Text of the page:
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Last Seven Days

Answer

We lowercase it in all uses; same with the words city and county. But you can have a house style that uses uppercase for all of those, if that works better for you.

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Do you need the word color at all? I don't think so. If you do need it, use the hyphen.

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We don't have a specific style. I'd either hyphenate or make it one word. We do use cardholder and bondholder, so following that style it's badgeholder. But ... in this case I think it's clearer and easier to read as badge-holder. 


Answer

Sharp eye! We will take a look at rewording parts of entry. Certainly the intent and the actual practice is Bushes, not Bushs. But you are correct that, upon a close read, that part of the entry is confusing at best.


Question from Mercer Island, WA on June 30, 2020

Which is correct: "Didn't use  to"  or   "Didn't used to?"   

Answer

I used to go to Mercer Island.
I didn't use to go boating there, though.


Question from Lincoln , NE on June 30, 2020

Does AP have a style for "sign in to" vs. "sign into?"

Answer

We don't have a style. Arguments can be made for both.

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We plan to discuss those questions. We haven't, yet. Everyone involved in these issues is also intensely involved in covering all the news of the world. Time is limited, and these questions are complicated. There are, of course, arguments that avoiding those words, as well as others such as niggardly, is overreacting.


Answer

Yes, that's correct.

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Here's the STEM entry:

STEM 


Acceptable on first reference for science, technology, engineering and math, but spell out the full phrase shortly thereafter.

And here is the academic degrees entry. This doesn't address the  international baccalaureate question, and we wouldn't abbreviate it. But if you want to, use the periods as in the B.A. and M.A. examples.


academic degrees 


If mention of degrees is necessary to establish someone’s credentials, the preferred form is to avoid an abbreviation and use instead a phrase such as: Fatima Kader, who has a doctorate in psychology.
Use an apostrophe in bachelor’s degree, a master’s, etc., but there is no possessive in Bachelor of Arts or Master of Science.
Also: an associate degree (no possessive).
Use such abbreviations as B.A., M.A., LL.D. and Ph.D. only when the need to identify many individuals by degree on first reference would make the preferred form cumbersome. Use these abbreviations only after a full name — never after just a last name.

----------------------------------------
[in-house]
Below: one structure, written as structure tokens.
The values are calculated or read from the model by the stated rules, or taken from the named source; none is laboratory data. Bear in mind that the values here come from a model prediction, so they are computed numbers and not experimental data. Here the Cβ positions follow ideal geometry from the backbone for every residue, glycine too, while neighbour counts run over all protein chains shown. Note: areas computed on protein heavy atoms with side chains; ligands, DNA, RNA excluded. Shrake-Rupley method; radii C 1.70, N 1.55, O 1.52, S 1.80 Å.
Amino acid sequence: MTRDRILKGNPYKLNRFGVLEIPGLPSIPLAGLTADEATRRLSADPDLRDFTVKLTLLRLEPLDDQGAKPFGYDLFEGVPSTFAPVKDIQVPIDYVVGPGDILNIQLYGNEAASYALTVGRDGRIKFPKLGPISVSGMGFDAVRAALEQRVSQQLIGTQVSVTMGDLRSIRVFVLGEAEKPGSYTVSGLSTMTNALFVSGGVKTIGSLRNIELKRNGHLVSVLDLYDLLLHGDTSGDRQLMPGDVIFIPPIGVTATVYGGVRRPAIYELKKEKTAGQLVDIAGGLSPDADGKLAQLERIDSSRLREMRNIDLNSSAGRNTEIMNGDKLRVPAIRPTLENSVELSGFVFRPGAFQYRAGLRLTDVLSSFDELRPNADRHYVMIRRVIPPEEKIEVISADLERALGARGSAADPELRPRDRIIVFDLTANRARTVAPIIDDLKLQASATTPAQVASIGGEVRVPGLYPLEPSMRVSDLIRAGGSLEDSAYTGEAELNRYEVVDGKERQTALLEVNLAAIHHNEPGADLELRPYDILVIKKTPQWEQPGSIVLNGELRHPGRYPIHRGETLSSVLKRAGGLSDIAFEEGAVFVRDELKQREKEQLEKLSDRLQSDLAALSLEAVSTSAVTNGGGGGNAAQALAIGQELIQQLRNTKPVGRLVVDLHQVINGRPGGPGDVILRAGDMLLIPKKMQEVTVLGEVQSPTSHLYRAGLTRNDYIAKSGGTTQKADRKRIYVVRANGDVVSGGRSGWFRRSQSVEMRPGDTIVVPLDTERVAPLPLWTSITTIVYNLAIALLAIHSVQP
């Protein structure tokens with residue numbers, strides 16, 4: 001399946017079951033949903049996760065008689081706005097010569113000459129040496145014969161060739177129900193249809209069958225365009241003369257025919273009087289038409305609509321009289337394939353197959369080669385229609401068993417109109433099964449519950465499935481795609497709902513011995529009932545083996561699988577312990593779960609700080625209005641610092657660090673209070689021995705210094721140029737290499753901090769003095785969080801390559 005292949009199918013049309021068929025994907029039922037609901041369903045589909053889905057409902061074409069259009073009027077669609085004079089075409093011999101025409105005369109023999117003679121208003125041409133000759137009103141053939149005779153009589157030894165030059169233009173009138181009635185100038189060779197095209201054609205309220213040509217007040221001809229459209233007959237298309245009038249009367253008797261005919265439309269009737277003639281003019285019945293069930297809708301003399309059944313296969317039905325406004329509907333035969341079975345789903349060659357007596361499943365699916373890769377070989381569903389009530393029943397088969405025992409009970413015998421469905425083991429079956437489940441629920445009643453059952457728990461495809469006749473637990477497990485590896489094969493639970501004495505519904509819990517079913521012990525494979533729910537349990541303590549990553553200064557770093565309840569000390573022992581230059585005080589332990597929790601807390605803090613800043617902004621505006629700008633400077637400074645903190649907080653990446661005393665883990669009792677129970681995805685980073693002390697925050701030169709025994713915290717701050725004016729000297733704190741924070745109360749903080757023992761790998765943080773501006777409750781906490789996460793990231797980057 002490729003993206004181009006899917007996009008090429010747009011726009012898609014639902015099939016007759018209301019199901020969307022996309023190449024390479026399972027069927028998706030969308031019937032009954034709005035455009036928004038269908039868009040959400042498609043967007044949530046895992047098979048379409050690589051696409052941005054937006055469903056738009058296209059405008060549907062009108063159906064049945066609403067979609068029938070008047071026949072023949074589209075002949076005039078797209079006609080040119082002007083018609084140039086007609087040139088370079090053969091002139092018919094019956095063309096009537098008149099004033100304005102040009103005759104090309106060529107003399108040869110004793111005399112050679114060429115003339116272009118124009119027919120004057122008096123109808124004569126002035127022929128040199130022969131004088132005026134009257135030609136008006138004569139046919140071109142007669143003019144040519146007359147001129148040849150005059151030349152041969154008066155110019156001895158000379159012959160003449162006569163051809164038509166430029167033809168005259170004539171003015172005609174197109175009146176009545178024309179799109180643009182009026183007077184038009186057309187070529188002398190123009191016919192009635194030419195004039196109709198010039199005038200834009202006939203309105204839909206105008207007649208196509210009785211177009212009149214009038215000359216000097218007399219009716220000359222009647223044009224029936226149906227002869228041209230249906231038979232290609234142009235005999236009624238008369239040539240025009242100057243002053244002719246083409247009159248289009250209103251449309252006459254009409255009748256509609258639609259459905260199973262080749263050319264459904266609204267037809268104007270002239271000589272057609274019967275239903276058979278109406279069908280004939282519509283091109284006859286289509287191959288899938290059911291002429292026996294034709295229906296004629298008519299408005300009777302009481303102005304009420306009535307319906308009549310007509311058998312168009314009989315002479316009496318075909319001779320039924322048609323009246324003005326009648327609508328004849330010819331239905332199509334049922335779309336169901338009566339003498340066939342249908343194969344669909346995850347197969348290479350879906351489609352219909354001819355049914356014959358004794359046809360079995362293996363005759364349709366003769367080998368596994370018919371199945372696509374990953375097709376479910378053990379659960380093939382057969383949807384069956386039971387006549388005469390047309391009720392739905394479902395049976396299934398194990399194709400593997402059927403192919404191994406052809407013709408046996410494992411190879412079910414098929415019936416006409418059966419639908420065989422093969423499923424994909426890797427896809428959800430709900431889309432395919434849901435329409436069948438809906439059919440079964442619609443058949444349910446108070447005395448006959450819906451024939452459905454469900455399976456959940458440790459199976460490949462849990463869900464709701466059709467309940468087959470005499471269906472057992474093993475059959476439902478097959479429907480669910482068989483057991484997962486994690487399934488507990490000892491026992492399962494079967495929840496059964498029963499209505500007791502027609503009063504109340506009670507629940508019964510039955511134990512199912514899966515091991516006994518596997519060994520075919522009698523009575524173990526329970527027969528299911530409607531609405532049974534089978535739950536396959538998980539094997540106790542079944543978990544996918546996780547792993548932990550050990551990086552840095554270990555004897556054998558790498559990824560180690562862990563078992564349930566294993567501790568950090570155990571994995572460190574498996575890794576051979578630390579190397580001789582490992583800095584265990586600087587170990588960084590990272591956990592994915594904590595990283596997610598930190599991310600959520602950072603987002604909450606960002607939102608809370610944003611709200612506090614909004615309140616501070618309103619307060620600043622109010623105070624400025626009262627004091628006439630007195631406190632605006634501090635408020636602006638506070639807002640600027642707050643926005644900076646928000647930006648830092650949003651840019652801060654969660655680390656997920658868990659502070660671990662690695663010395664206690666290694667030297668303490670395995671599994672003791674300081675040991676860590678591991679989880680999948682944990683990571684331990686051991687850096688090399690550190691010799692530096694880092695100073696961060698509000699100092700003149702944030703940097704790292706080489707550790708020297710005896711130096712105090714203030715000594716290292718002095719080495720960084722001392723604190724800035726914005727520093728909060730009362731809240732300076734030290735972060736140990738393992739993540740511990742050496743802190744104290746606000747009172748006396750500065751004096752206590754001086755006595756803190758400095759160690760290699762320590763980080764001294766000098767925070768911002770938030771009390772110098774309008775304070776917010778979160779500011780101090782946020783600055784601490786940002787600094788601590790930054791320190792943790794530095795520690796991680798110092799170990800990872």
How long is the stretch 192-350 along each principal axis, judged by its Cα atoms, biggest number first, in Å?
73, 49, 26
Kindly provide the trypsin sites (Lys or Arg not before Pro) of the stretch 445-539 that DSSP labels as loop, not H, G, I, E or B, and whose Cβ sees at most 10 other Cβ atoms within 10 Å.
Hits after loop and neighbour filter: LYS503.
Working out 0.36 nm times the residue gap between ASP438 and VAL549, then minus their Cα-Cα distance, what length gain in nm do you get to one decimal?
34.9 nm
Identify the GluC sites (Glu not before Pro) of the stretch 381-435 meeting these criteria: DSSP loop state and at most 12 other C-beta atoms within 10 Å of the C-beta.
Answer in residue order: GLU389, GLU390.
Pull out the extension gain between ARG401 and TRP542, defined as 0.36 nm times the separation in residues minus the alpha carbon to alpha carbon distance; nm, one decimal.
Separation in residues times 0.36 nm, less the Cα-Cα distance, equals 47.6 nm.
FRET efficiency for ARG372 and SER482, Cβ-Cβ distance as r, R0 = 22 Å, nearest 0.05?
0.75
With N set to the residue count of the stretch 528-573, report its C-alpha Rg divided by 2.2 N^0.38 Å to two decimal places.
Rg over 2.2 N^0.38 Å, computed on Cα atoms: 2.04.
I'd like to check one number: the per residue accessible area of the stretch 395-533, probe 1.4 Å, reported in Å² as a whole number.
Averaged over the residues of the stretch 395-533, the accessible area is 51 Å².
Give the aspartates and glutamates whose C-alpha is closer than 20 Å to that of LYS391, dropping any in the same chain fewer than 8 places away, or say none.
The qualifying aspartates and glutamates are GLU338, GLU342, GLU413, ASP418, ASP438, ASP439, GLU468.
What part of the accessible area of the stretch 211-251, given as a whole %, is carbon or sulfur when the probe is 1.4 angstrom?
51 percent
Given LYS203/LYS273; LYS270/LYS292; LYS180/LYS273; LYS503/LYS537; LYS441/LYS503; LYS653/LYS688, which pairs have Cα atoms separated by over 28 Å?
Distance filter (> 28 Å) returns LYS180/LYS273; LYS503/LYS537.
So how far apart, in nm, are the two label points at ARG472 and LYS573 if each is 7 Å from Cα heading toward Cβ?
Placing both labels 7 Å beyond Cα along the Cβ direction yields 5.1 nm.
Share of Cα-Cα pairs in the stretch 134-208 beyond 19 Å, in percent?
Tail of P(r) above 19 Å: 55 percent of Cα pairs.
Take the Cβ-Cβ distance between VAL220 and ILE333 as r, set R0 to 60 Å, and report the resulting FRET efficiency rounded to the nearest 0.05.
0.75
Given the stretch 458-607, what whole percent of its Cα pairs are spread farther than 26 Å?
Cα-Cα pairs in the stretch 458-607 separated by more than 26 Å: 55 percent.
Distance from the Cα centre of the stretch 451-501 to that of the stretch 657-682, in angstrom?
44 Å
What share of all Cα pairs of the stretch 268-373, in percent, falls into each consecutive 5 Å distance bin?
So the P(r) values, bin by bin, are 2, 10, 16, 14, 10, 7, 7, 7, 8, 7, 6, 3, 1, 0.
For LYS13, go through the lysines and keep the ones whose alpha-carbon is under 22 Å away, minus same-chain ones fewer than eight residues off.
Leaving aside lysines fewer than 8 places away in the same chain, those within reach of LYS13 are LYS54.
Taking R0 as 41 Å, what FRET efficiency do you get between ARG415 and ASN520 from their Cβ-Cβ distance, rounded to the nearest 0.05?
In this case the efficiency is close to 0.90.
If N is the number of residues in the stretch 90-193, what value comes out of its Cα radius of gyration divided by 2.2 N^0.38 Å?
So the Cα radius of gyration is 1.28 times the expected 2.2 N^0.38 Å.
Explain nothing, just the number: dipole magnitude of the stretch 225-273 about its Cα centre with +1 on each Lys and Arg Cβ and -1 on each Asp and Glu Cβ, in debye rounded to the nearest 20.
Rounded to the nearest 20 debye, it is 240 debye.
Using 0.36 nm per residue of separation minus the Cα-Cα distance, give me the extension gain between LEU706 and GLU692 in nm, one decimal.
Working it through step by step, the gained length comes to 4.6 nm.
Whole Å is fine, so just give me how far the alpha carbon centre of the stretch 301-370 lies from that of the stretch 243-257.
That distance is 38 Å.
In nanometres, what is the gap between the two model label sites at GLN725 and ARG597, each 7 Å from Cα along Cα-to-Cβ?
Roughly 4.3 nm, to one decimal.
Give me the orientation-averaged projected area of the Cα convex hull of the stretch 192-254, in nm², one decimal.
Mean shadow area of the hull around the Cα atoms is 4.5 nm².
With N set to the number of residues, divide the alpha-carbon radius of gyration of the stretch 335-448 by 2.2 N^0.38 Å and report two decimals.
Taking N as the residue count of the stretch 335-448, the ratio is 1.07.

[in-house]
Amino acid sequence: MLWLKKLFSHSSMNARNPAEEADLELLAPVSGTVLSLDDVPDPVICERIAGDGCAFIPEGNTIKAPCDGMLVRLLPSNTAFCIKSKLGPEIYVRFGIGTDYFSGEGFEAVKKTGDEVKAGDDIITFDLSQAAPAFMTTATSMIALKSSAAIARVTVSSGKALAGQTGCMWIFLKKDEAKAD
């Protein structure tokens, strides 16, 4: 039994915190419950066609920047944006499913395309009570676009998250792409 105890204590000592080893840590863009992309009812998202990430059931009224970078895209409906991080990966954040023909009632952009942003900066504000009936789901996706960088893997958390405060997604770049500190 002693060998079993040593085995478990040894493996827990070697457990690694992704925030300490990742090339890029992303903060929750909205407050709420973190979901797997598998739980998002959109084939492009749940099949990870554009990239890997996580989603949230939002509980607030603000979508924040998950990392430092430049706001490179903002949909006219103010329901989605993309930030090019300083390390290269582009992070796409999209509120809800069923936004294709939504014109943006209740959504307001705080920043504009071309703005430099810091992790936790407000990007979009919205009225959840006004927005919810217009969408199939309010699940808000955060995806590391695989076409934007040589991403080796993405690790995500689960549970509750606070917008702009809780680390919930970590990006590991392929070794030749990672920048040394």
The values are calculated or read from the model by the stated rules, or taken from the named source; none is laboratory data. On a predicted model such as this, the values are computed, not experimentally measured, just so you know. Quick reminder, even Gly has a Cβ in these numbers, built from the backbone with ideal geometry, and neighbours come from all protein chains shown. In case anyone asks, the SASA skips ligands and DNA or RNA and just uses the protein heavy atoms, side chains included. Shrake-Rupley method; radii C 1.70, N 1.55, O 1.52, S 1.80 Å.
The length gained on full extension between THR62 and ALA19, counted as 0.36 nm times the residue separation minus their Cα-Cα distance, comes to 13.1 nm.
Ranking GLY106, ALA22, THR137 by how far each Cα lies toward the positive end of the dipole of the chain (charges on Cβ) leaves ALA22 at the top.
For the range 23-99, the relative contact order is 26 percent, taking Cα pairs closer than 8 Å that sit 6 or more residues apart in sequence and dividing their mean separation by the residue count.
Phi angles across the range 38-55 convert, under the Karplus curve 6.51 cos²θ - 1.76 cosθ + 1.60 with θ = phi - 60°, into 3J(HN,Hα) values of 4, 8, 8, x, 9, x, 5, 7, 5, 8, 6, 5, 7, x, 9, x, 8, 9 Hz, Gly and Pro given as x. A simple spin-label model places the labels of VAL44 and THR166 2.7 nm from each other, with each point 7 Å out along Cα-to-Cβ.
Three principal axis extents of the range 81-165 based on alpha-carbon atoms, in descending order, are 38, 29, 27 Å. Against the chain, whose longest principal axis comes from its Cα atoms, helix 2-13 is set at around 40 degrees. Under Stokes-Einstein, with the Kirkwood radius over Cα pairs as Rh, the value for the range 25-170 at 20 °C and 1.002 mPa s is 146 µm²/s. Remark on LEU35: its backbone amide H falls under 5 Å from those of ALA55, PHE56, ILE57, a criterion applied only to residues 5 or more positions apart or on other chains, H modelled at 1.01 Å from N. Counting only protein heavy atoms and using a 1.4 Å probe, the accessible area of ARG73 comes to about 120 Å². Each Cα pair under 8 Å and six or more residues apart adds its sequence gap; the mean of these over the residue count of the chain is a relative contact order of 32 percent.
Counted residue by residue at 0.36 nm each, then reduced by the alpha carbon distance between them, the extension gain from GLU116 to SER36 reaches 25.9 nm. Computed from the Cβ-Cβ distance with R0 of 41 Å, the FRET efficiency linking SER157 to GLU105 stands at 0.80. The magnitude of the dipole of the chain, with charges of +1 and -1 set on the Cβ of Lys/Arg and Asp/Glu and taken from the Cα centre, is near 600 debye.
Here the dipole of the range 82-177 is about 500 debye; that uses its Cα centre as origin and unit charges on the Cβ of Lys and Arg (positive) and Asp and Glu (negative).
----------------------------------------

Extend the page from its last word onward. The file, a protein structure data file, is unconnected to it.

When used after a name, an academic abbreviation is set off by commas: John Snow, Ph.D., spoke.
Do not precede a name with a courtesy title for an academic degree and follow it with the abbreviation for the degree in the same reference.


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Our style is nonenrolling. Other styles may vary.

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Really, any of those are fine as far as this editor is concerned. I would say that moreover sounds rather pompous, and further just a bit less pompous.

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We don't have a preference.

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Myth-busters.

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I'd capitalize the changing part, too: 
Taxation Summit: Accounting in the Time of Pencils

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We wouldn't capitalize them in the text. But if it makes more sense in your organization to do so, then that's fine. It's a purely stylistic choice; there's no right or wrong.

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I think either is fine. Someone could have one insight on Situation A, another insight on Situation and another on Situation C, and thus would have plural insights. But the singular word could also cover all three. Your choice!

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No quote marks. Just Roe v. Wade or Obergefell v. Hodges.

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I've never seen such a section in the Stylebook. Perhaps it was a custom entry in your organization? We have a number of entries covering various elements. but not one all-encompassing entry.

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Yes.

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We don't have a style for listing sources.

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It's a 30-to-40-minute delay. Here's the section of the hyphen entry:

SUSPENSIVE HYPHENATION: Use these forms to shorten a compound modifier or a noun phrase that shares a common word:
When the elements are joined by and or or, expressing more than one element: 10-, 15- or 20-minute intervals; 5- and 6-year-olds. But: The intervals are 10, 15 or 20 minutes; the children are 5 to 6 years old.
When the elements are joined by to or by, expressing a single element: a 10-to-15-year prison term; an 8-by-12-inch pan. But: The prison term is 10 to 15 years; the pan is 8 by 12 inches.

Answer

Our style is anti-racism, following the anti- entry:

anti- 


Hyphenate all except the following words, which have specific meanings of their own (and this is followed by a list that does not include the one in question):


Answer

Thanks for pointing this out. It's part of a broader issue that we have wrestled with, and haven't reached a conclusion. Like many issues of style, it's not nearly as easy as it may look.

Answer

The hyphens are correct.

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